4 min read

Back in the 1980s right-wingers used to daydream about how the Commies were paying off the Institute for Policy Studies, then as now a hard-left think tank. We thought there had to be some Soviet paymaster who would periodically dole out the gold rubles from his faded Gladstone bag.

The left has similar daydreams today about donations to free-market organizations that cast doubt on the prevailing wisdom on climate change. They want to find the special color-coded checks that show that a grant comes with marching orders.

(The checks, of course, are black from an oil company, grey from a coal company, and bright orange from supporters of nuclear power. The natural gas companies prefer to wire the money.)

So when not coming up with lunatic ideas like sending climate skeptics to prison, the greens keep coming up with papers proving corporate control of organizations promoting climate skepticism. The latest one can be summarized this way: What if you took tens of thousands of pages of material written by climate skeptics, dumped it into a supercomputer, turned everything into word salad, and started looking for patterns?

That’s what Yale sociologist Justin Farrell dutifully did in a paper published in a November issue of the Proceedings of the National Academy of Sciences.

Hacks treated the release of the paper as an event comparable to the discovery of the Holy Grail. The paper, said the Washington Post’s Joby Warrick, “sheds light on the role played by corporate money” in funding free-market environmentalism. The liberal website Think Progress’s headline says that Farrell’s paper provides “Scientific Proof That Exxon and the Kochs Distorted The Public’s Understanding of Climate Change

Science! Who could be opposed to a peer-reviewed paper full of science!

Let us look at what Farrell did.

He began by gathering a list of 118 “climate counter-movement organizations” (including the Capital Research Center). Where did he get this list? From Robert Brulle, the Drexel University sociologist whose dubious research I debunked last year. Farrell then added 46 other organizations he unearthed, for a total of 164.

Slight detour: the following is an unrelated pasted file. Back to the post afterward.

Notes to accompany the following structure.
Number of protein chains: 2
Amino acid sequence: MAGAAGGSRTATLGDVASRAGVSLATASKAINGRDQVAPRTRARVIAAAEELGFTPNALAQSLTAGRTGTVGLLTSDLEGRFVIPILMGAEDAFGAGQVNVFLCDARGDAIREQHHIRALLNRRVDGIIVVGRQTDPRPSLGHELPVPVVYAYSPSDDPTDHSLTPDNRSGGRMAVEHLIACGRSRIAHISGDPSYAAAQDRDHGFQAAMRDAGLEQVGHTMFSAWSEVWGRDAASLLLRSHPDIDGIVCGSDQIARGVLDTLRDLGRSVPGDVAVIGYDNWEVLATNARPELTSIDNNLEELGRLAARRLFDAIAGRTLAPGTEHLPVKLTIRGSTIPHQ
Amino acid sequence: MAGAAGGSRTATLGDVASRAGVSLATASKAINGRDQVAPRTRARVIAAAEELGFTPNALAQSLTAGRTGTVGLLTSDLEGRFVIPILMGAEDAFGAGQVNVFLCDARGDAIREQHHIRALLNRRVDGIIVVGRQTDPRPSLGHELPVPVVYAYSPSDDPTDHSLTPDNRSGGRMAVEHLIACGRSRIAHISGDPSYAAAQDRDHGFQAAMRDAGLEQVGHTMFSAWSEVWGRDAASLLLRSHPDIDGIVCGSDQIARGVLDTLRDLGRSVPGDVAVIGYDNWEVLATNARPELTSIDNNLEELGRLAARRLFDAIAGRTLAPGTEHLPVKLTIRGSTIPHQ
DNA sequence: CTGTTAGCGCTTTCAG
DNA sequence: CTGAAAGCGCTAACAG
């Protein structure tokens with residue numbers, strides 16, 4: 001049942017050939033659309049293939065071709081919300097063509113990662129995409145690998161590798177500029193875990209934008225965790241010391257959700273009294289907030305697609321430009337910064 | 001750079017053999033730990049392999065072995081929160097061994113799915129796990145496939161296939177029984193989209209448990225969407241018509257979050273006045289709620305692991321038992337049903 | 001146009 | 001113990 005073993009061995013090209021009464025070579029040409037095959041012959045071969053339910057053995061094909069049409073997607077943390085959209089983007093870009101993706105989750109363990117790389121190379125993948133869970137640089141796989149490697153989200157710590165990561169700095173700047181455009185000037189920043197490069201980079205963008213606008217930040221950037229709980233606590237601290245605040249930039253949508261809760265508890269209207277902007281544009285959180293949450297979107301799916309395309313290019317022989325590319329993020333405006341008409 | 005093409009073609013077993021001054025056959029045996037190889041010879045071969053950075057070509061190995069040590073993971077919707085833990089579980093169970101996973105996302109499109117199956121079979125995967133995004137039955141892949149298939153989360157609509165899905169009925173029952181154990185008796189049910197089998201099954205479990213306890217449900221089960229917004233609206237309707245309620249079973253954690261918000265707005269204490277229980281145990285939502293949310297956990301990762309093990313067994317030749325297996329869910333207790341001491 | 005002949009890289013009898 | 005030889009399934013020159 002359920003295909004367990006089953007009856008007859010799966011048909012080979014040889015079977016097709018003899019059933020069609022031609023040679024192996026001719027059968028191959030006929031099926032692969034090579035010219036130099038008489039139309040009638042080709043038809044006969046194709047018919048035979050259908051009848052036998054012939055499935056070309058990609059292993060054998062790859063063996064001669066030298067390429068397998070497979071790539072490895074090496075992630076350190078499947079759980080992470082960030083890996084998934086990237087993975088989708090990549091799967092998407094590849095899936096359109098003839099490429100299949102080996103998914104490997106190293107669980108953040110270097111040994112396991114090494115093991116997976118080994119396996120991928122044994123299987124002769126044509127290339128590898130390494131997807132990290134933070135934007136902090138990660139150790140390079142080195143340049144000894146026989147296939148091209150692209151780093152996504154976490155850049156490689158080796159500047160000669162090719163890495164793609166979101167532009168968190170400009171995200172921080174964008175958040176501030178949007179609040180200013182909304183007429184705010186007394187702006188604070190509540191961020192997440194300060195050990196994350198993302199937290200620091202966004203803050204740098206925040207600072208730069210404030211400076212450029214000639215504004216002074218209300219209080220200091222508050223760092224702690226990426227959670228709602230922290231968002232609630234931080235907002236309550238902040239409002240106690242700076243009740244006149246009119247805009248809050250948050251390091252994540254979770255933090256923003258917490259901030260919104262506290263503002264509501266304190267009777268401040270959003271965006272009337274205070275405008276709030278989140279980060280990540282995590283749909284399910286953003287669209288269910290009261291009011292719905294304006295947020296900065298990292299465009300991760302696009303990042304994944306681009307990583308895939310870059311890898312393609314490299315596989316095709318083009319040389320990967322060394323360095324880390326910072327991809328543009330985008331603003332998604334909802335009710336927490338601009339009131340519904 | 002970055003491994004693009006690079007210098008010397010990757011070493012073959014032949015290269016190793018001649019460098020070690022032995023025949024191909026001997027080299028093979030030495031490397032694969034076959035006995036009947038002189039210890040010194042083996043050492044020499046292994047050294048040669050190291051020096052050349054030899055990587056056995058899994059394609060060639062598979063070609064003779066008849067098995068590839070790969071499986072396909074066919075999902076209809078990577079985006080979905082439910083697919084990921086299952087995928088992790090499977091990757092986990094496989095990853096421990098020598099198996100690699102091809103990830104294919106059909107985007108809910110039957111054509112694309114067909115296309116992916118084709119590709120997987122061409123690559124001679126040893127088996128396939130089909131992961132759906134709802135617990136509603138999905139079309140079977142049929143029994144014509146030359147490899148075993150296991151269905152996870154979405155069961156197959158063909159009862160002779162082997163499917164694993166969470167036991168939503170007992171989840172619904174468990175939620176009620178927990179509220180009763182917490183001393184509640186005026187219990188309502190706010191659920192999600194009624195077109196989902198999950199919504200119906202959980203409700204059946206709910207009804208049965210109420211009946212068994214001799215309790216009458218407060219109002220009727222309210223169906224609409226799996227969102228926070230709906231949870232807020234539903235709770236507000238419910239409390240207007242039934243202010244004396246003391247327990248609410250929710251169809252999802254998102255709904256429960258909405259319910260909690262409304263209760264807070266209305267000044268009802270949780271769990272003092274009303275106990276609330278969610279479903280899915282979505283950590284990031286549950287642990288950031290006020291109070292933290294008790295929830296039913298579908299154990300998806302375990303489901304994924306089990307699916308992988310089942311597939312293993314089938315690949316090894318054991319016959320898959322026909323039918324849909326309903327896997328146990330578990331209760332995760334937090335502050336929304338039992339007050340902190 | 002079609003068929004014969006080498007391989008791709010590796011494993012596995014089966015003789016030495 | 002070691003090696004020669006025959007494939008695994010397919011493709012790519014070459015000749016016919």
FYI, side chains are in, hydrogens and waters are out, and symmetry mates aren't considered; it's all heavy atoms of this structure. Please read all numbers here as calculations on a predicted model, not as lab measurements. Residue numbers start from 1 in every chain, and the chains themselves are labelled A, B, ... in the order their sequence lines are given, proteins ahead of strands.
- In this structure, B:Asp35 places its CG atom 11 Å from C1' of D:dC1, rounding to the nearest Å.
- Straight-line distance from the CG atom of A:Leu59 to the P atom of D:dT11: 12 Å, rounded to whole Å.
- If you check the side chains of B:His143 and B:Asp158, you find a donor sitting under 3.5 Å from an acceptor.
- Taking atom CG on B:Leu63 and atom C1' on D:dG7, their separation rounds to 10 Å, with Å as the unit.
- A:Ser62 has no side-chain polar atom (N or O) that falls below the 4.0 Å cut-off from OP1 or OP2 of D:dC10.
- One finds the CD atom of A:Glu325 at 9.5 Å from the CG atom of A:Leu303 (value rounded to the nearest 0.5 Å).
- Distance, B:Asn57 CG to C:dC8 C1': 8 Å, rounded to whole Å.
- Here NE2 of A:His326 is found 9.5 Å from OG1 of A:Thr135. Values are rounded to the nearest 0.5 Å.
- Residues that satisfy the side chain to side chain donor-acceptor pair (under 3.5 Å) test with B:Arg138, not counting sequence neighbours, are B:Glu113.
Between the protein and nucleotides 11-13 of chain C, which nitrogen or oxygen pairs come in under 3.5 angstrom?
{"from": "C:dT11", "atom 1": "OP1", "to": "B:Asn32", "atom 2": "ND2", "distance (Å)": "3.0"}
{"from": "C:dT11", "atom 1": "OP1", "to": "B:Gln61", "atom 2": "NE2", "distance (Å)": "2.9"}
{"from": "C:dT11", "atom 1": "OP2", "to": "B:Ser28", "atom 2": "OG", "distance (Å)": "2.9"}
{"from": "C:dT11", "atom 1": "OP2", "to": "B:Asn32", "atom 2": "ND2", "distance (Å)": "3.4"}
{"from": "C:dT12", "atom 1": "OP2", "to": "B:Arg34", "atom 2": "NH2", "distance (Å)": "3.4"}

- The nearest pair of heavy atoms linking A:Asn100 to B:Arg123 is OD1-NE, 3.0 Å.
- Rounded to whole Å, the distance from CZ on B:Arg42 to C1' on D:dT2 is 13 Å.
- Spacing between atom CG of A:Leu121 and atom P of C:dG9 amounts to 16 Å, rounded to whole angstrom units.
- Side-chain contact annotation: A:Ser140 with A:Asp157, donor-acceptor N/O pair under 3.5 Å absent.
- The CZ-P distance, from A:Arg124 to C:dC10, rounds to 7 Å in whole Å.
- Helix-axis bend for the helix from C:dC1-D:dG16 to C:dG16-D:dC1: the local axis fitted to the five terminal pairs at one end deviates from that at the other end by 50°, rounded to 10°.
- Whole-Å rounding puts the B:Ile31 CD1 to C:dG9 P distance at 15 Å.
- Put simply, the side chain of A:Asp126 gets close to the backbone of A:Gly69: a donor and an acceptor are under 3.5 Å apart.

Then he began harvesting all the names of everyone associated with these organizations. For example, every year the Heartland Institute has a large conference about climate change. Farrell tracked down all the speakers and got all their papers and put them into his big database. Ultimately, he says, he found 4,556 people who he says were part of the “climate counter-movement.”

Then he decided to track down funders. He writes “academic researchers have had a very difficult time tracking flows of economic resources from members of this network, especially because of foundations like DonorTrust, which enables contributors to give to specific causes while at the same time shielding the identity of the donor.”

Well, I didn’t go to Yale, and I don’t own a supercomputer. But I do know that DonorsTrust is not “DonorTrust” and it is a donor-advised fund and not a foundation. Moreover, DonorsTrust fully discloses all of its grants on its Form 990. Moreover, a comparable analysis of environmental groups would certainly include the Tides Foundation, which was a model for DonorsTrust and which is about ten times larger than DonorsTrust.

What Farrell decided was that “corporate funding” could be measured by looking at grants from Exxon/Mobil and the various foundations funded by the Koch family. He then dumped all the papers by all the organizations he decided to write about into a giant database totaling 39 million words. He then started to draw conclusions.